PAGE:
Colorectal Cancer Screening

Colorectal cancer, or colon cancer, is a type of stomach cancer that may be prevented with proper screening. Colorectal cancer is the 2nd leading cause of death from cancer in the country, second only to lung cancer. It is recommended by most medical associations that everyone have a Colorectal Cancer Screening for colon cancer by the age of 50 and at regular times after that. If a patient has discomfort or other issues pertaining to their digestive system, more frequent screenings are recommended. It is estimated by GastroHealth.com that more than 5% of Americans will get colon cancer during their lifetime.

Colorectal Cancer Screening Options

There are many screening options available for those who are interested in a colorectal cancer screening. There are visual tests such as a colonoscopy, or a stool test such as fecal immunochemical testing. Each test has its purpose but the important thing to do is make sure you are working with a doctor specializing in colorectal practice.

Colorectal Cancer ScreeningWho is at risk for Colorectal Cancer?

Factors that increase the chances of colorectal cancer include racial and ethnic backgrounds. For instance, African-Americans have the highest rate of mortality from colorectal cancer among all racial and ethnic groups in the United States. Also important is if there is a family history of colorectal cancer or inflammatory bowel disease or other bowel issues. Be sure to let your doctor know your family’s history. You may also find more resources by visiting Stanford Health Care and other research websites available.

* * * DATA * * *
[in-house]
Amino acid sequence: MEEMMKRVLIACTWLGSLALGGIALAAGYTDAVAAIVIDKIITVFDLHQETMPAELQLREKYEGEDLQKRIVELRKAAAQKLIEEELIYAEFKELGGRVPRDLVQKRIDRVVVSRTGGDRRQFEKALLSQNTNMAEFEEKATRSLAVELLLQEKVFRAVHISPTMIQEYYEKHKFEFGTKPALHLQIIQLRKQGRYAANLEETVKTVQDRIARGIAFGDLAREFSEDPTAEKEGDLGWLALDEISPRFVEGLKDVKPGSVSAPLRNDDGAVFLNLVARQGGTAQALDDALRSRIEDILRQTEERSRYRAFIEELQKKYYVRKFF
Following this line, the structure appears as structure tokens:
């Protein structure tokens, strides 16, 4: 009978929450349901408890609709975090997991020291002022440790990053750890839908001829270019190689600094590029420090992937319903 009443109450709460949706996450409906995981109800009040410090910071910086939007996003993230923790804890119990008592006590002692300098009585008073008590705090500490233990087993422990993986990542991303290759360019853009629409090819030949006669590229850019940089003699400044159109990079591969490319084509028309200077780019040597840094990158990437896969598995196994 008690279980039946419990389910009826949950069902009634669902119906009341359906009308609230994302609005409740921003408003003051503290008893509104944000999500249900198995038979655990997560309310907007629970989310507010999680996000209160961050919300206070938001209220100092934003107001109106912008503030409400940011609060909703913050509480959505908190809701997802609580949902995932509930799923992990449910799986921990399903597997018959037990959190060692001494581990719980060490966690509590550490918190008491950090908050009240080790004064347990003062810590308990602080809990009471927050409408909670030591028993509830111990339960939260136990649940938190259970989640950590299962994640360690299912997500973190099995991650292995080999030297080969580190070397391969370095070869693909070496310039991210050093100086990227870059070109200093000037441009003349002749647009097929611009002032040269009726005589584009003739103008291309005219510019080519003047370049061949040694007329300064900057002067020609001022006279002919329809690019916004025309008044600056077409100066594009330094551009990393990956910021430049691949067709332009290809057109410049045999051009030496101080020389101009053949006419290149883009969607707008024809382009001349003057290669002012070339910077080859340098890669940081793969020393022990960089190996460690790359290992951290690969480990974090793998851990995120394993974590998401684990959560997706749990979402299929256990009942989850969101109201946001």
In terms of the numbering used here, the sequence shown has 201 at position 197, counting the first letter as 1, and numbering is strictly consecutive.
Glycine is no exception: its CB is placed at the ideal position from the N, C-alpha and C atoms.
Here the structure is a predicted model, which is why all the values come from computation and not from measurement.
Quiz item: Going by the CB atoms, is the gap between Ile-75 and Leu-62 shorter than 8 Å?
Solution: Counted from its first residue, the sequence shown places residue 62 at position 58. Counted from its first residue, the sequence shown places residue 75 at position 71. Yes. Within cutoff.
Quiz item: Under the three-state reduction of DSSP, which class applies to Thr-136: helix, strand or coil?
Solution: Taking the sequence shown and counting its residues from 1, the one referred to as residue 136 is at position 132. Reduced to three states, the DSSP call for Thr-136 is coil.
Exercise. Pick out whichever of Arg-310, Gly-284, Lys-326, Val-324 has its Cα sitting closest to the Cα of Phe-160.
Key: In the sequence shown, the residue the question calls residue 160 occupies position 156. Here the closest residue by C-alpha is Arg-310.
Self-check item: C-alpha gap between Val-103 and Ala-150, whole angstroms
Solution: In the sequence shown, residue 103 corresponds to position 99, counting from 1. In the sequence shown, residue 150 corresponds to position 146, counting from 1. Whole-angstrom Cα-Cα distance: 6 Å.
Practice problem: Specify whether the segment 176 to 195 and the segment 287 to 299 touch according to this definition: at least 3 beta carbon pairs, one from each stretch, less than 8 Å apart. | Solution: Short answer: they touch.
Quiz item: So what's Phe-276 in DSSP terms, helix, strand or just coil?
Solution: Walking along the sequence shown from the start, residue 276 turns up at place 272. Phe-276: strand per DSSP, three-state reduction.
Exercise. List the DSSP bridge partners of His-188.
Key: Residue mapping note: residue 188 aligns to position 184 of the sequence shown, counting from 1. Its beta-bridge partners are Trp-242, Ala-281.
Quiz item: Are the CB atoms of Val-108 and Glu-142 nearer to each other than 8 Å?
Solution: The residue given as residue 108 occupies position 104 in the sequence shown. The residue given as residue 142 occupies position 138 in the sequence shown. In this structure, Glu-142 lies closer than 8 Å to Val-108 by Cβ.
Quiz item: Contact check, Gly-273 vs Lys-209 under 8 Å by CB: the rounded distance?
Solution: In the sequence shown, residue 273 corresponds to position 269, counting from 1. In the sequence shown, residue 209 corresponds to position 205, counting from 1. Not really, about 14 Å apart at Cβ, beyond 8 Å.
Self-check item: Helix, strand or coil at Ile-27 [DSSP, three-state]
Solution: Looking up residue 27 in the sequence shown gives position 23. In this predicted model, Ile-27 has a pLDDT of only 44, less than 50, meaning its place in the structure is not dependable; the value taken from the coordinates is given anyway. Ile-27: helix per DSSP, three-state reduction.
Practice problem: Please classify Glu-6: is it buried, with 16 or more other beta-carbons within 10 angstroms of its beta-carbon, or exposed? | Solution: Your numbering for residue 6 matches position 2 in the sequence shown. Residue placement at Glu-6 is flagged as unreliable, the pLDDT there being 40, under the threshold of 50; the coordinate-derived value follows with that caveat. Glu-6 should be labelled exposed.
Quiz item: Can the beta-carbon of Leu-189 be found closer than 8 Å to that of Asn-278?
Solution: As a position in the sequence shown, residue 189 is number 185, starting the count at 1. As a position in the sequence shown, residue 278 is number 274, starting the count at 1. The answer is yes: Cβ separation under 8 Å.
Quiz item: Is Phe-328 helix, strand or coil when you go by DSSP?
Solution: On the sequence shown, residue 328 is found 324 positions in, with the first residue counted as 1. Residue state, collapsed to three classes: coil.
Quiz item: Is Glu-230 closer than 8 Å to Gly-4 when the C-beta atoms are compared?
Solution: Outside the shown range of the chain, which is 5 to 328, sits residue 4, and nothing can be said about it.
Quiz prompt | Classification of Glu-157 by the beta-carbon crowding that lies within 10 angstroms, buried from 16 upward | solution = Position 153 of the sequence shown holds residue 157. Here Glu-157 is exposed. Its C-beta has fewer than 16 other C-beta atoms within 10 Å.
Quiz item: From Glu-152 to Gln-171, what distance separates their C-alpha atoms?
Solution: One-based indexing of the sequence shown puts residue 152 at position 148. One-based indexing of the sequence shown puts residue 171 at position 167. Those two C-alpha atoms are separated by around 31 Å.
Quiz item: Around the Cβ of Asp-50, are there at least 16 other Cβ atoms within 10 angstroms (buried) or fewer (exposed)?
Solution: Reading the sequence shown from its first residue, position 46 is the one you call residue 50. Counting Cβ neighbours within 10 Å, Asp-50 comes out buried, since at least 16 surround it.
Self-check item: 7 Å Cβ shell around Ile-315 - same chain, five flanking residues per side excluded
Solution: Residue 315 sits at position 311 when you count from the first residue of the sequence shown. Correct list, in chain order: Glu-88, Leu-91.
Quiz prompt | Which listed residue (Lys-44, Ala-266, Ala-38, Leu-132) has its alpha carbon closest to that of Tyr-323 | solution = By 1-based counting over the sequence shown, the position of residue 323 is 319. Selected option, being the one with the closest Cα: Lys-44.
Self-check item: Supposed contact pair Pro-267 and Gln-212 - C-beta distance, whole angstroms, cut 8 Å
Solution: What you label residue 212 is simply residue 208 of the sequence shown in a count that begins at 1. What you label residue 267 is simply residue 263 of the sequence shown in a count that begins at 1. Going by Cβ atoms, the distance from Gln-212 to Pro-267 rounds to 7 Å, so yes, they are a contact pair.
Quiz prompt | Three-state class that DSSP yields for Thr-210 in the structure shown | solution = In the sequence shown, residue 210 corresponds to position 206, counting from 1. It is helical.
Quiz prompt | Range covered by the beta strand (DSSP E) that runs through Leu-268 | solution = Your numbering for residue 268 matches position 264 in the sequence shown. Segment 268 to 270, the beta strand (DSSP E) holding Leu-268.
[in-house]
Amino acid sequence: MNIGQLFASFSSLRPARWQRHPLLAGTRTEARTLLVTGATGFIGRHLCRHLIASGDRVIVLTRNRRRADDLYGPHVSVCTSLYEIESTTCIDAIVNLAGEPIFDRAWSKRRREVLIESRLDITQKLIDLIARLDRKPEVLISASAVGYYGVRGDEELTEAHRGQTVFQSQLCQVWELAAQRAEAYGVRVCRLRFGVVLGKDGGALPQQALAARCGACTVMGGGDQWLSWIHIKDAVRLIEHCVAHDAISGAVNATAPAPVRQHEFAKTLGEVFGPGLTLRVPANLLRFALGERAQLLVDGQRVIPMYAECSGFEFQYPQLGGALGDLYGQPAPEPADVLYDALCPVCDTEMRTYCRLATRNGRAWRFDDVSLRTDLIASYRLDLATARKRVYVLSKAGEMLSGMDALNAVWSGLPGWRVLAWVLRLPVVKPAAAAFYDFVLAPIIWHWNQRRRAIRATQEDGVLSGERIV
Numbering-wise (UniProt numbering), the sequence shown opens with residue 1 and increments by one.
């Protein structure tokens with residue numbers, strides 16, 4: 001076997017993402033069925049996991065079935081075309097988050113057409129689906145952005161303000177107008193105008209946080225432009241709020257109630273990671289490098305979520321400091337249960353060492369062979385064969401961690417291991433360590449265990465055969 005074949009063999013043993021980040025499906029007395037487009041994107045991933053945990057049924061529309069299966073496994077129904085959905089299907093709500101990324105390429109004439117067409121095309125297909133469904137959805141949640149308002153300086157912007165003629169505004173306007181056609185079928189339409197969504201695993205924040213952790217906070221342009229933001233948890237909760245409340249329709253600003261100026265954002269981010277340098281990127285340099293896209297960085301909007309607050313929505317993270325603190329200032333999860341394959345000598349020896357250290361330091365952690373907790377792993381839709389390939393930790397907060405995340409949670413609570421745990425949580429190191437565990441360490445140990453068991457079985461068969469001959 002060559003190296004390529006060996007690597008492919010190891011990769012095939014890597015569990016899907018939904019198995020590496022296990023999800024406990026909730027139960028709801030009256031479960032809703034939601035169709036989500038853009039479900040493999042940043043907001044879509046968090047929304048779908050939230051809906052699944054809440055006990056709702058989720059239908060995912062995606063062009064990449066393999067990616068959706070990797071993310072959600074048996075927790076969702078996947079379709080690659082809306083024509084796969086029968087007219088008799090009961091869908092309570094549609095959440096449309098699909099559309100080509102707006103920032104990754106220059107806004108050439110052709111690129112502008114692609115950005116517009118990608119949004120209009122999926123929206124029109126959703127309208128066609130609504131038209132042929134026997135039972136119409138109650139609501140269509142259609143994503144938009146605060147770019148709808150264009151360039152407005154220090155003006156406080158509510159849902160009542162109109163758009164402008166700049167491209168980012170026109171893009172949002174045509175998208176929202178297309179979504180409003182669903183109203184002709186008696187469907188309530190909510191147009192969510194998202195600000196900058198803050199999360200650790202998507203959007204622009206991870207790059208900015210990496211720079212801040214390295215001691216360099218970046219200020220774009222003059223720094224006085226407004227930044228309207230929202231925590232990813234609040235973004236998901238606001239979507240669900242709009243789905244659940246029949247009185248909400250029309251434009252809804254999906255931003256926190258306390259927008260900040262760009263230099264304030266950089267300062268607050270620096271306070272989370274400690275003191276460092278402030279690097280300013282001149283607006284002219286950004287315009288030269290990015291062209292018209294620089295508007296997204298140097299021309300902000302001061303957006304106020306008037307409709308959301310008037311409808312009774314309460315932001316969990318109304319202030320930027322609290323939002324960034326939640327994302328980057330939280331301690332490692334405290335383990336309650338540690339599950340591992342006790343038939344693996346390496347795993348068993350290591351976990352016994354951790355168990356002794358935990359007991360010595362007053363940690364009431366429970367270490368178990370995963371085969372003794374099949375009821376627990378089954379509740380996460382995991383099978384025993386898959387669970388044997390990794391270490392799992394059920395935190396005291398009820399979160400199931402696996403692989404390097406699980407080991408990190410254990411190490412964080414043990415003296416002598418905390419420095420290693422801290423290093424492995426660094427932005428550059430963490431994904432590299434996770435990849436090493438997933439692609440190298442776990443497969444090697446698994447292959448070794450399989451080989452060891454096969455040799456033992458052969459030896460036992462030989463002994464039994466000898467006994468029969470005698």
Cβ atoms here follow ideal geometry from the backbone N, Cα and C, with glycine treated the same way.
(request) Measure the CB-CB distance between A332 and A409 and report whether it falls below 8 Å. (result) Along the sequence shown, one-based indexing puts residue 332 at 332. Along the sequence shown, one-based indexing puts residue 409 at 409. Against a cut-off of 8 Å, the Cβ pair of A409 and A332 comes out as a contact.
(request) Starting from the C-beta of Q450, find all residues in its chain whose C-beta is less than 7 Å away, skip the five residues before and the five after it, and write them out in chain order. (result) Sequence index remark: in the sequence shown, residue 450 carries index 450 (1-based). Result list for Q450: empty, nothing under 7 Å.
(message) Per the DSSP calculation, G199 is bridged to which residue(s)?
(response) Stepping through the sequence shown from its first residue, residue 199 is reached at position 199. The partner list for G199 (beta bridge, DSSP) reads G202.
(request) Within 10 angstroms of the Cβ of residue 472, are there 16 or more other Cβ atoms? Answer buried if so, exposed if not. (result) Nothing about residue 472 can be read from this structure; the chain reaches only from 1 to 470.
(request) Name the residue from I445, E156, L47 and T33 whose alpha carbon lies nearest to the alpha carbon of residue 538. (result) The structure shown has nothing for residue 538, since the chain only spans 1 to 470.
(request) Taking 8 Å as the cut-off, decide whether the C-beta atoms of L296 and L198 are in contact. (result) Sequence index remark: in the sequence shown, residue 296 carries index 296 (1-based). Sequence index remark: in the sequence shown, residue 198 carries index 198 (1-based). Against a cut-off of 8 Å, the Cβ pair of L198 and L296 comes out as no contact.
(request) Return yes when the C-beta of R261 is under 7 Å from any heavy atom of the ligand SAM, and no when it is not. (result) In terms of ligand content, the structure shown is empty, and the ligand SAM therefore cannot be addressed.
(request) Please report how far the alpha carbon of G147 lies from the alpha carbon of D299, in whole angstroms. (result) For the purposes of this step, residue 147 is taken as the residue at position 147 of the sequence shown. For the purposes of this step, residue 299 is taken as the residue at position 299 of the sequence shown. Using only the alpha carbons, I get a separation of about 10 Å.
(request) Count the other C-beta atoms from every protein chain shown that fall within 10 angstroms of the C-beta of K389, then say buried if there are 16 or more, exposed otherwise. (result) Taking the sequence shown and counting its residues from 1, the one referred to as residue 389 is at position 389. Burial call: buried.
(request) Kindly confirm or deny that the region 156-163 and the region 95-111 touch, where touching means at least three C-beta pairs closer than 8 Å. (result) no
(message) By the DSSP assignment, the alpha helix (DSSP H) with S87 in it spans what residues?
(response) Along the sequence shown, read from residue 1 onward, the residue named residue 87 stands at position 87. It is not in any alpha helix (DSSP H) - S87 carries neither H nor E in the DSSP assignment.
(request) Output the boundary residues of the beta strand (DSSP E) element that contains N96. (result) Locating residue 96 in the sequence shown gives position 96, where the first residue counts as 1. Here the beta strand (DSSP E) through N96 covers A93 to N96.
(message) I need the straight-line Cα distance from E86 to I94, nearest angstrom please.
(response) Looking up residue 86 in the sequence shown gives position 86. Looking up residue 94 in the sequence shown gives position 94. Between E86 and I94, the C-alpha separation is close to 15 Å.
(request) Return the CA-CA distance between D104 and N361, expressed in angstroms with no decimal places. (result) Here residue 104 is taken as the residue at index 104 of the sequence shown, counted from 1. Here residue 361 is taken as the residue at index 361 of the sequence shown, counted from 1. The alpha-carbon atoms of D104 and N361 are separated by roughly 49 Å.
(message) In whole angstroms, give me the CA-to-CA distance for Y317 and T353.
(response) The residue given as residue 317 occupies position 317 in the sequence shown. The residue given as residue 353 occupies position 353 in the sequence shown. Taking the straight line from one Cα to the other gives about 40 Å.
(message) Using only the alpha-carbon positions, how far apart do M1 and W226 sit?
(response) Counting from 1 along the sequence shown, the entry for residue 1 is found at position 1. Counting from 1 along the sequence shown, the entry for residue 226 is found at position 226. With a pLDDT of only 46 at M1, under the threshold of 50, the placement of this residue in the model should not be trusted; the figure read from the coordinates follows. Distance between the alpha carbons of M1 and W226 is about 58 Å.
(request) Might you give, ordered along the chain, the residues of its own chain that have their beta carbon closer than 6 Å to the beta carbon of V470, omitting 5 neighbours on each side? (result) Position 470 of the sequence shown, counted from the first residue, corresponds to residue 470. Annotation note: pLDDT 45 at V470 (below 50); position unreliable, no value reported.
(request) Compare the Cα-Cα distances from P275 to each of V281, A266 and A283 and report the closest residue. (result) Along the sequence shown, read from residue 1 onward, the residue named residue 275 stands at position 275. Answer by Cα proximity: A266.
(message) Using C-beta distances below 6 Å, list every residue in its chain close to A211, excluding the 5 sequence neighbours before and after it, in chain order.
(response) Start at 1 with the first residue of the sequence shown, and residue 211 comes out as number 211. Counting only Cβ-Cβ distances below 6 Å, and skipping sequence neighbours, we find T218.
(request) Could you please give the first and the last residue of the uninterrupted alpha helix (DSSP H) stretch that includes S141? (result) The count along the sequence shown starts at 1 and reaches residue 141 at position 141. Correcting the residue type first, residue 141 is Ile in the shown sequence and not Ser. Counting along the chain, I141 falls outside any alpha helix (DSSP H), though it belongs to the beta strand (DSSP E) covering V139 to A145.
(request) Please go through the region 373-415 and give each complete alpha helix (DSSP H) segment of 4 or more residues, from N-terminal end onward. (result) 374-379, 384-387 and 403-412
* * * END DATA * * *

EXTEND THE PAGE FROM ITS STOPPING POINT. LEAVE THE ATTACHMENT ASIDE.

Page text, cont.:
What does Colon Cancer feel like?

One important issue to consider with colorectal cancer is the fact that patients may not be able to feel pain or discomfort during the cancer’s march. However, symptoms may include changes in bowel habits or other aggravations.

What does Colon Cancer mean?

Typically, colon cancer is a malignant tumor that grows from the inner wall of the colon, or the large instestine. Most colorectal cancers develop from colon polyps which can sometimes be detected through a colorectal cancer screening or other screening techniques. Removal of colon polyps can help prevent colorectal cancer.

Colon Polyp
Colon polyps can sometimes be removed with the purpose of preventing cancer. Dr. Seecoomar specializes in treating polyps in patients during Colorectal Cancer Screening.

Leslie F. Seecoomar, M.D.P.C. © 2017 All Rights Reserved | Privacy Policy & Disclaimers | Website by BLOTTER.COM